What do you say?

Caterers, do you want to weigh in on your practices?

plan on!

brides magazine: do not feed your wedding photographer …

We came across an article by Sandy Malone, she’s a destination wedding planner and has had a show on TV. I’ve spoken with her personally on social media and this post is not to attack her. We have a different viewpoint from what she wrote and it is directly applicable to the area we live in, the Midwest – who typically experience very long, traditional, ceremonial wedding days. Also, we’re nice people over here.

Here is the article at Bride’s Magazine.

update: Bride’s Magazine removed the article. Controversy? february 5, 2016

second update: Thanks to Sean Molin you can’t delete anything from the internet, here’s the archive version. Bride’s Magazine simply deleted the post, thinking the negative social media would go away. I hope they plan on addressing the situation.

our viewpoint on feeding wedding vendors

bands

Almost all bands have a rider in their contract that will require a meal. The meal will be given to them before guests arrive or during cocktail hour. While they should be playing during the meal (IF you have contracted that additional hour), then it is up to the band to either eat before or have a few of the musicians playing. Music should be softer in sound anyway, not a full blown band with singing while guests try to dine and talk.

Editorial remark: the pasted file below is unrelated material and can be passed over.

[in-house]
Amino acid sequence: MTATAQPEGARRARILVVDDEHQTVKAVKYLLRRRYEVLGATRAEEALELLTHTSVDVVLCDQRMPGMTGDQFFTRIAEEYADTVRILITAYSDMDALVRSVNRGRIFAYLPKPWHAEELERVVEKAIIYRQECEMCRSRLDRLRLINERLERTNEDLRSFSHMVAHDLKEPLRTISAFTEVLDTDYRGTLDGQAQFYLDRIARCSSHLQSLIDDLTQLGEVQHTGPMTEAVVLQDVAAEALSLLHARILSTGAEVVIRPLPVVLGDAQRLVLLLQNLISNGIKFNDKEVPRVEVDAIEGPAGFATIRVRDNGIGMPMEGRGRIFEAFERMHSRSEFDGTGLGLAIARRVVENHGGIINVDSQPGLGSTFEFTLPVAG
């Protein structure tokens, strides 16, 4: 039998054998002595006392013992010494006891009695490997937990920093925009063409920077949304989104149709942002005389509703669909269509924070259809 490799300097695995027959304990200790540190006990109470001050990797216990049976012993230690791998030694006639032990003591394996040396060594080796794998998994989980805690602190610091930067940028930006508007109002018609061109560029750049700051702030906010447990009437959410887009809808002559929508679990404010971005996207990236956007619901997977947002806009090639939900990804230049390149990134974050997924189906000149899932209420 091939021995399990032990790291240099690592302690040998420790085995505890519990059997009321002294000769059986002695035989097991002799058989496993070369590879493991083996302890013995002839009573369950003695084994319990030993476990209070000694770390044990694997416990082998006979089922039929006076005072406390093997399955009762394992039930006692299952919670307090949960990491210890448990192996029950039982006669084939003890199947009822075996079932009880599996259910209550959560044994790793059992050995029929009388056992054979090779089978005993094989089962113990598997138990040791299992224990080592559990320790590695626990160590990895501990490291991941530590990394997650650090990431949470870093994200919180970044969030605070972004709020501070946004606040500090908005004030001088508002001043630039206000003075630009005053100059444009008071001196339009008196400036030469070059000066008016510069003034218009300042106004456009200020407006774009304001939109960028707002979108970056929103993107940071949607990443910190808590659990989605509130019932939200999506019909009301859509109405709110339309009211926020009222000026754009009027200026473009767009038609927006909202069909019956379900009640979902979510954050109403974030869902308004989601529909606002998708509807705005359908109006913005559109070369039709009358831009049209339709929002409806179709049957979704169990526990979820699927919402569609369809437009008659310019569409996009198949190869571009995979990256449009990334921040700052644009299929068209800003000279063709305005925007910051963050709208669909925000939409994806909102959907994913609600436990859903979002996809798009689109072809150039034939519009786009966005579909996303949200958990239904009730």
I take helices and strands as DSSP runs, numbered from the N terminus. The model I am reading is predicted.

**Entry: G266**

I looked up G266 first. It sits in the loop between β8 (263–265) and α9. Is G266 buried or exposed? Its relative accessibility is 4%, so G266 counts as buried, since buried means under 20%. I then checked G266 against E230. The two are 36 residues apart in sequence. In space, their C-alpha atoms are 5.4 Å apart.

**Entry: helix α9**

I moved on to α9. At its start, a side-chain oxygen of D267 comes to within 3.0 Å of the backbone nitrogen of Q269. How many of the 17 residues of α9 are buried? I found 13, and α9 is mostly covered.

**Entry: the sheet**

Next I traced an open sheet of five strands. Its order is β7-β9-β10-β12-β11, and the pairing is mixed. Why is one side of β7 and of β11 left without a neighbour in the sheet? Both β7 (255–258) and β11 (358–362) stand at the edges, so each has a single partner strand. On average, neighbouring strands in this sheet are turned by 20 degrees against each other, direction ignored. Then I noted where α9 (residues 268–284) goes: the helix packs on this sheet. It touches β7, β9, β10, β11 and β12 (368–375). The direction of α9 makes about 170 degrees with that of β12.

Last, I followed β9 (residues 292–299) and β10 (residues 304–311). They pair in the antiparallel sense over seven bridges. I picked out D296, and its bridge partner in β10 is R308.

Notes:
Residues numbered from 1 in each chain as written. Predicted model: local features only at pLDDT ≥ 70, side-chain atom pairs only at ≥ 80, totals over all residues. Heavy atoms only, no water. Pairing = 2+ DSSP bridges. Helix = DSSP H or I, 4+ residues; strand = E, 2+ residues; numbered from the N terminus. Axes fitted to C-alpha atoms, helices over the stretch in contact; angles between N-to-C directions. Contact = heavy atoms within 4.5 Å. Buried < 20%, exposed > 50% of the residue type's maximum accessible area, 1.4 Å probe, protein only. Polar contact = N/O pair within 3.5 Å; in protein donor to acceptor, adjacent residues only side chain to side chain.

photographers/filmmakers

Many do not have in their contract to be fed. It’s an understanding. If your photographers have been with you from the hair salon (at 10am), pre-wedding photos, ceremony, cocktail hour, grand entrances, a welcome speech … then it bodes that they need to eat. HAVE to eat. If you are unwilling to provide a meal for them, then expect that they have the right to leave the wedding to eat and then return. Who wants that? They don’t need anything special, although she is right, in many circumstances it is more difficult for the catering to provide special, less expensive meals. Either way, they need to refuel their bodies. NO PHOTOS SHOULD BE TAKEN DURING THE MEAL. It’s in poor taste and photos that will never be used in any photo album.